Drime Kunga was a fourteenth-century treasure revealer and the founder of a tantric community in Kongpo. He is renowned as one of the "Three Drimes" along with Drime Wozer, i.e., Longchen Rabjampa Drime Wozer, and Drime Lhunpo, a close contemporary. Among the treasure discoveries attributed to him, he was historically most well known for an Avalokiteśvara-centered text cycle, the Mahākaruṇika: Supreme Light of Gnosis. This collection is extant today along with Drime Kunga's biographies of the Indian adept Mitrayogin and Padmasambhava's Tibetan consort, Yeshe Tsogyel.
Ratnākaraśānti was an Indian scholar and tantric adept who lived during the late tenth and early eleventh century. The head of the great Indian monastery Vikramaśīla, he was a teacher to Atiśa, Maitrīpā, Śraddhākaravarman, and Drokmi Śākya Yeshe, among others. Forty of his compositions are included in the Tibetan Tengyur. In his esoteric works he sought to explain tantric practice from a Yogācāra interpretation of the Perfection of Wisdom literature.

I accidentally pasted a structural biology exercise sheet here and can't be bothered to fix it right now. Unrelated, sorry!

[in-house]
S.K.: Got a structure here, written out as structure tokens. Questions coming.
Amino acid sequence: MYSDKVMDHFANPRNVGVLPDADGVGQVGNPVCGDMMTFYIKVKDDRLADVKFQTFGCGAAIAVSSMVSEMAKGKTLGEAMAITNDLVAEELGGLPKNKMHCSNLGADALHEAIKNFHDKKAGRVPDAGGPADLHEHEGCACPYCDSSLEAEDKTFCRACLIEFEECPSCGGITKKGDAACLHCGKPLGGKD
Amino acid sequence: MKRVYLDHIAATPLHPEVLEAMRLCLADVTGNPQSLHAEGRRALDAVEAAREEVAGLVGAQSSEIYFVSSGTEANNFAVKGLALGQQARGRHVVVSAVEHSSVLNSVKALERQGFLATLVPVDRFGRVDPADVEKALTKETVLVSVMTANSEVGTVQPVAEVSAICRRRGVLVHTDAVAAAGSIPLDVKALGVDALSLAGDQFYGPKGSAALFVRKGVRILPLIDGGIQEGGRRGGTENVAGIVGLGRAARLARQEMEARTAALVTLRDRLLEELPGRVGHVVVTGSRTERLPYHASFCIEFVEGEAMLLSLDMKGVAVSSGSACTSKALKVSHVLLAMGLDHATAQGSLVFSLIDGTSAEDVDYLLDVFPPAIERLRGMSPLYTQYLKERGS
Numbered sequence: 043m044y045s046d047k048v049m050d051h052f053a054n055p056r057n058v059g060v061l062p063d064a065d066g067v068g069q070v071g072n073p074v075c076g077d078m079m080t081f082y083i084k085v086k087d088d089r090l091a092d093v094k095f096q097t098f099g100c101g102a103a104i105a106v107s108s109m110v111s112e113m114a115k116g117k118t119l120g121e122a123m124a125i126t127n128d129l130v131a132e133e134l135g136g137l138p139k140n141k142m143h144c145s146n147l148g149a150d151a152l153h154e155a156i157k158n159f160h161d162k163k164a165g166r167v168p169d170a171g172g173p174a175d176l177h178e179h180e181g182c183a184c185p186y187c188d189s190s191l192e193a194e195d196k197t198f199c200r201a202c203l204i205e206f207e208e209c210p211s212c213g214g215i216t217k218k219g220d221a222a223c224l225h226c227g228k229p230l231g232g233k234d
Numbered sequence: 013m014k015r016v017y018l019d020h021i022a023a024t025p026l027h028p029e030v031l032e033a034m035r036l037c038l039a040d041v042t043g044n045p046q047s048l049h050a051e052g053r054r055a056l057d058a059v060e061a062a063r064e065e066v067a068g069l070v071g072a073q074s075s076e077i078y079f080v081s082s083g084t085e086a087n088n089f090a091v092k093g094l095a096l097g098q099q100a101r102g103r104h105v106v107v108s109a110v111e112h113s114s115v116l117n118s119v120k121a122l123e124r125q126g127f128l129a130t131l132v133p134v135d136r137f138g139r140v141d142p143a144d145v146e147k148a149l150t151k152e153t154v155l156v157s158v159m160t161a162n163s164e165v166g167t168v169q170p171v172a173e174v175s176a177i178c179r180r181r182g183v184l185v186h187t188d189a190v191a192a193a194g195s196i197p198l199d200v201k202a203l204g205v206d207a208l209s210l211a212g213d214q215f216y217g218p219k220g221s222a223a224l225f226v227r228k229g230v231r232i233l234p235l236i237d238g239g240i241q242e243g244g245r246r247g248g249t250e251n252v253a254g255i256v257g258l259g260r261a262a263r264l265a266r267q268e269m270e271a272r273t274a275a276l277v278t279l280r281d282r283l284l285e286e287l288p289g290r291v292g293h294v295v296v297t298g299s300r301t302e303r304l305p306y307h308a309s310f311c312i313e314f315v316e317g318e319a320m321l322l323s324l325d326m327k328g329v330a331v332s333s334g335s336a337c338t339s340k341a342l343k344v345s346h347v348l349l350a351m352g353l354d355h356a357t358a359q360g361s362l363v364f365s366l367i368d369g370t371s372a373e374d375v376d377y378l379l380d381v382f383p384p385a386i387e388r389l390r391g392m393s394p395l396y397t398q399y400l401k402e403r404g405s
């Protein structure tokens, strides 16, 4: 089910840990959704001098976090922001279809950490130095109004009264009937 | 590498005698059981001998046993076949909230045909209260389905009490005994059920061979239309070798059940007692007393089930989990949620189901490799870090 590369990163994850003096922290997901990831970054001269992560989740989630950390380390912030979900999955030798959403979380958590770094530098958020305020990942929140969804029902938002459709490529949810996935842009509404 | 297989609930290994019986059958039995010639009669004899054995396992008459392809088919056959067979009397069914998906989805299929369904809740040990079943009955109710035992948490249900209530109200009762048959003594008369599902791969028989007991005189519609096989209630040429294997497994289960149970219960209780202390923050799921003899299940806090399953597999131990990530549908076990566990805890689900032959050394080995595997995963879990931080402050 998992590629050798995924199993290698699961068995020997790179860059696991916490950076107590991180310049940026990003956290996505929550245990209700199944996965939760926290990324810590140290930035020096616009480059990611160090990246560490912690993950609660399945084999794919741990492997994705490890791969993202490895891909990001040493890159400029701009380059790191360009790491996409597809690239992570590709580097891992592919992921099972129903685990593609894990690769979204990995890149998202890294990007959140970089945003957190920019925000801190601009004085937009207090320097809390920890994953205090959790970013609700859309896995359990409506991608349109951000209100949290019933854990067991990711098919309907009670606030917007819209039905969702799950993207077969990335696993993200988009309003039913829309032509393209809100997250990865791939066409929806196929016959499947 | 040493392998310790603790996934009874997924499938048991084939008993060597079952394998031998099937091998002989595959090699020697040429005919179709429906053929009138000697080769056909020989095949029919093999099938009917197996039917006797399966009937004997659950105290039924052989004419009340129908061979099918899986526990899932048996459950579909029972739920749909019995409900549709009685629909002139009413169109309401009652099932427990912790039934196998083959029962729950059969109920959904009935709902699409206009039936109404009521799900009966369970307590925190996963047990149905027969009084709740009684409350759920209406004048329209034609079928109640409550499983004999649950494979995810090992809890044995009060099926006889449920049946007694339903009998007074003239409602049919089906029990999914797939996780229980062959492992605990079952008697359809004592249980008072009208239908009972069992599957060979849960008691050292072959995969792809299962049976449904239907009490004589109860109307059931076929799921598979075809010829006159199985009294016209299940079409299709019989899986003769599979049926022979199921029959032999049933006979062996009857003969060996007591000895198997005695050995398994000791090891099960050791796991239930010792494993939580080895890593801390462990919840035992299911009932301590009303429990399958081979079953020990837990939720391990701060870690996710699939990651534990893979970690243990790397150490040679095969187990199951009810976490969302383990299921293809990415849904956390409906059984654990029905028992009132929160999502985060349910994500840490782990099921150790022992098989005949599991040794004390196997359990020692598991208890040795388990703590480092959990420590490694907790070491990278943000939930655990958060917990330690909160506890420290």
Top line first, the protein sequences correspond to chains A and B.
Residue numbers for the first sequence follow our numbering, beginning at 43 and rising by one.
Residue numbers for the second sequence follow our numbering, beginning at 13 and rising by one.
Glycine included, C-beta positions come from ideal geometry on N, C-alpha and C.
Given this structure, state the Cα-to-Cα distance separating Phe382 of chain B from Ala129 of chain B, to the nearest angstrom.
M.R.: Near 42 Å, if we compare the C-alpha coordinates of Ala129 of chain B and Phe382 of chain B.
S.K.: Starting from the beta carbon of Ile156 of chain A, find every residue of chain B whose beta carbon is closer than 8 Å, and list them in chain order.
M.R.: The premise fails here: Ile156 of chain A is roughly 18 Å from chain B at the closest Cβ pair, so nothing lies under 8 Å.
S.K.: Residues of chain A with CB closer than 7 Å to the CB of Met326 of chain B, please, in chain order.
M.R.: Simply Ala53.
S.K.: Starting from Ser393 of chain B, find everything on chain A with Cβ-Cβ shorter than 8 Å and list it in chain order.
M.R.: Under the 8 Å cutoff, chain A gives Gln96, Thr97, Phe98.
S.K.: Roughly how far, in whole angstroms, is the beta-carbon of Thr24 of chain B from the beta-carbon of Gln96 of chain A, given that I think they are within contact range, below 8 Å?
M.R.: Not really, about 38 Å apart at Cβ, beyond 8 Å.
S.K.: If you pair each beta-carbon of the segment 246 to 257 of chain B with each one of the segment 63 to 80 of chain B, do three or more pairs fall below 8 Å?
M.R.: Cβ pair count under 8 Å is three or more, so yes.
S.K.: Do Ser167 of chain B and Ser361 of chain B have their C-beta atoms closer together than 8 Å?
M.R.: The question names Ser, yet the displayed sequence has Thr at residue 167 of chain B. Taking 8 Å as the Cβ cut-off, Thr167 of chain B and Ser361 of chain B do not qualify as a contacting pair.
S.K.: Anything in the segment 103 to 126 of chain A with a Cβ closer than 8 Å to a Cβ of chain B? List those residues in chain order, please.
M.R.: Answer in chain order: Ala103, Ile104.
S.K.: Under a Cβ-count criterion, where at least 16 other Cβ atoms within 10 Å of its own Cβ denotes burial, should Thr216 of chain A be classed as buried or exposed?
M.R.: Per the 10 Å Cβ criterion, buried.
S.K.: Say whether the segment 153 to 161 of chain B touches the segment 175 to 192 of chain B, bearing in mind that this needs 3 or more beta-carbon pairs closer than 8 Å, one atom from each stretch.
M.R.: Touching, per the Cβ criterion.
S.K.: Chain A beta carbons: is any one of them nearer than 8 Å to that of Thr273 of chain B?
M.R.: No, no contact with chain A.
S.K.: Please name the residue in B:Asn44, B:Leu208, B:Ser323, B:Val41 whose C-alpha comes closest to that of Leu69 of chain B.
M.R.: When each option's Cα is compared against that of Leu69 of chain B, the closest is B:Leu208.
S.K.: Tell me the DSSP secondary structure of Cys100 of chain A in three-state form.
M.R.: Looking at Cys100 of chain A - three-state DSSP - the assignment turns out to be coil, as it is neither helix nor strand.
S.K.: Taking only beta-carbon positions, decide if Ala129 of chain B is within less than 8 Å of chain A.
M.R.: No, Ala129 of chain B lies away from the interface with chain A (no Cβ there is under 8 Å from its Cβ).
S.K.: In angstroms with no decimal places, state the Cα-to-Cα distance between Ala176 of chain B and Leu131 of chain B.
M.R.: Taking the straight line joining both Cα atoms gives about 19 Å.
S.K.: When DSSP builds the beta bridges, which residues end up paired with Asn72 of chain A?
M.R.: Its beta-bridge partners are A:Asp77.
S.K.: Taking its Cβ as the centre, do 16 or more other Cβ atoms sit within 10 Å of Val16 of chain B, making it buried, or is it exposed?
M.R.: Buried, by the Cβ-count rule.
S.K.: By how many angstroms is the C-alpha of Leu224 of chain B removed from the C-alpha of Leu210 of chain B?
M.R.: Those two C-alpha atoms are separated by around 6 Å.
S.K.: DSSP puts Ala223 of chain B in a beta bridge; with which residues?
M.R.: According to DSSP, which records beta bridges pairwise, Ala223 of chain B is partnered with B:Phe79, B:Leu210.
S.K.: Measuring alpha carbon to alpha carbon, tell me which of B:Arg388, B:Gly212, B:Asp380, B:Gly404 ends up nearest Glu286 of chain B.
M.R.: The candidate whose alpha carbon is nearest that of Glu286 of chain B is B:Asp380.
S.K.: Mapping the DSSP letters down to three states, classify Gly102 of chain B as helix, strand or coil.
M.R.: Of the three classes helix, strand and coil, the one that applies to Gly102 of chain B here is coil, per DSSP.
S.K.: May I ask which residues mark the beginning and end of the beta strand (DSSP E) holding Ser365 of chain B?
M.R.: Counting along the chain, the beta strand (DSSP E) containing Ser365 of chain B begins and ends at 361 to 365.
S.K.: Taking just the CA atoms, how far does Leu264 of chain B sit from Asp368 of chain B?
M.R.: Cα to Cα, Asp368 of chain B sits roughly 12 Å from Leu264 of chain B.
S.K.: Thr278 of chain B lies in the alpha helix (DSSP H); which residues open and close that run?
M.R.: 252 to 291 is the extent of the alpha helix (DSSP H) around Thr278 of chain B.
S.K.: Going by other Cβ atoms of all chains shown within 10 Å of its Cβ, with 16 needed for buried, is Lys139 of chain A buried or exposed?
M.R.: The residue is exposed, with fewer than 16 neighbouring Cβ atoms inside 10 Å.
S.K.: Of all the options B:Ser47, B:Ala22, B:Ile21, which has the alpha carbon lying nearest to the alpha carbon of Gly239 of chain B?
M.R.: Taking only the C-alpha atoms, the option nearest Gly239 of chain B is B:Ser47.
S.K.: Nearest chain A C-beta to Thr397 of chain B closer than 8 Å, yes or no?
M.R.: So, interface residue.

Khenchen Dazer was a prominent twentieth-century master of the Northern Treasure tradition. A disciple of Botrul Rinpoche, he traveled widely in Tibet and India, teaching at Namdroling and in Bhutan and Sikkim.
The TBRC RID number refers to the unique ID assigned by the Tibetan Buddhist Resource Center (TBRC.org) to each historical figure in their database of Tibetan literature.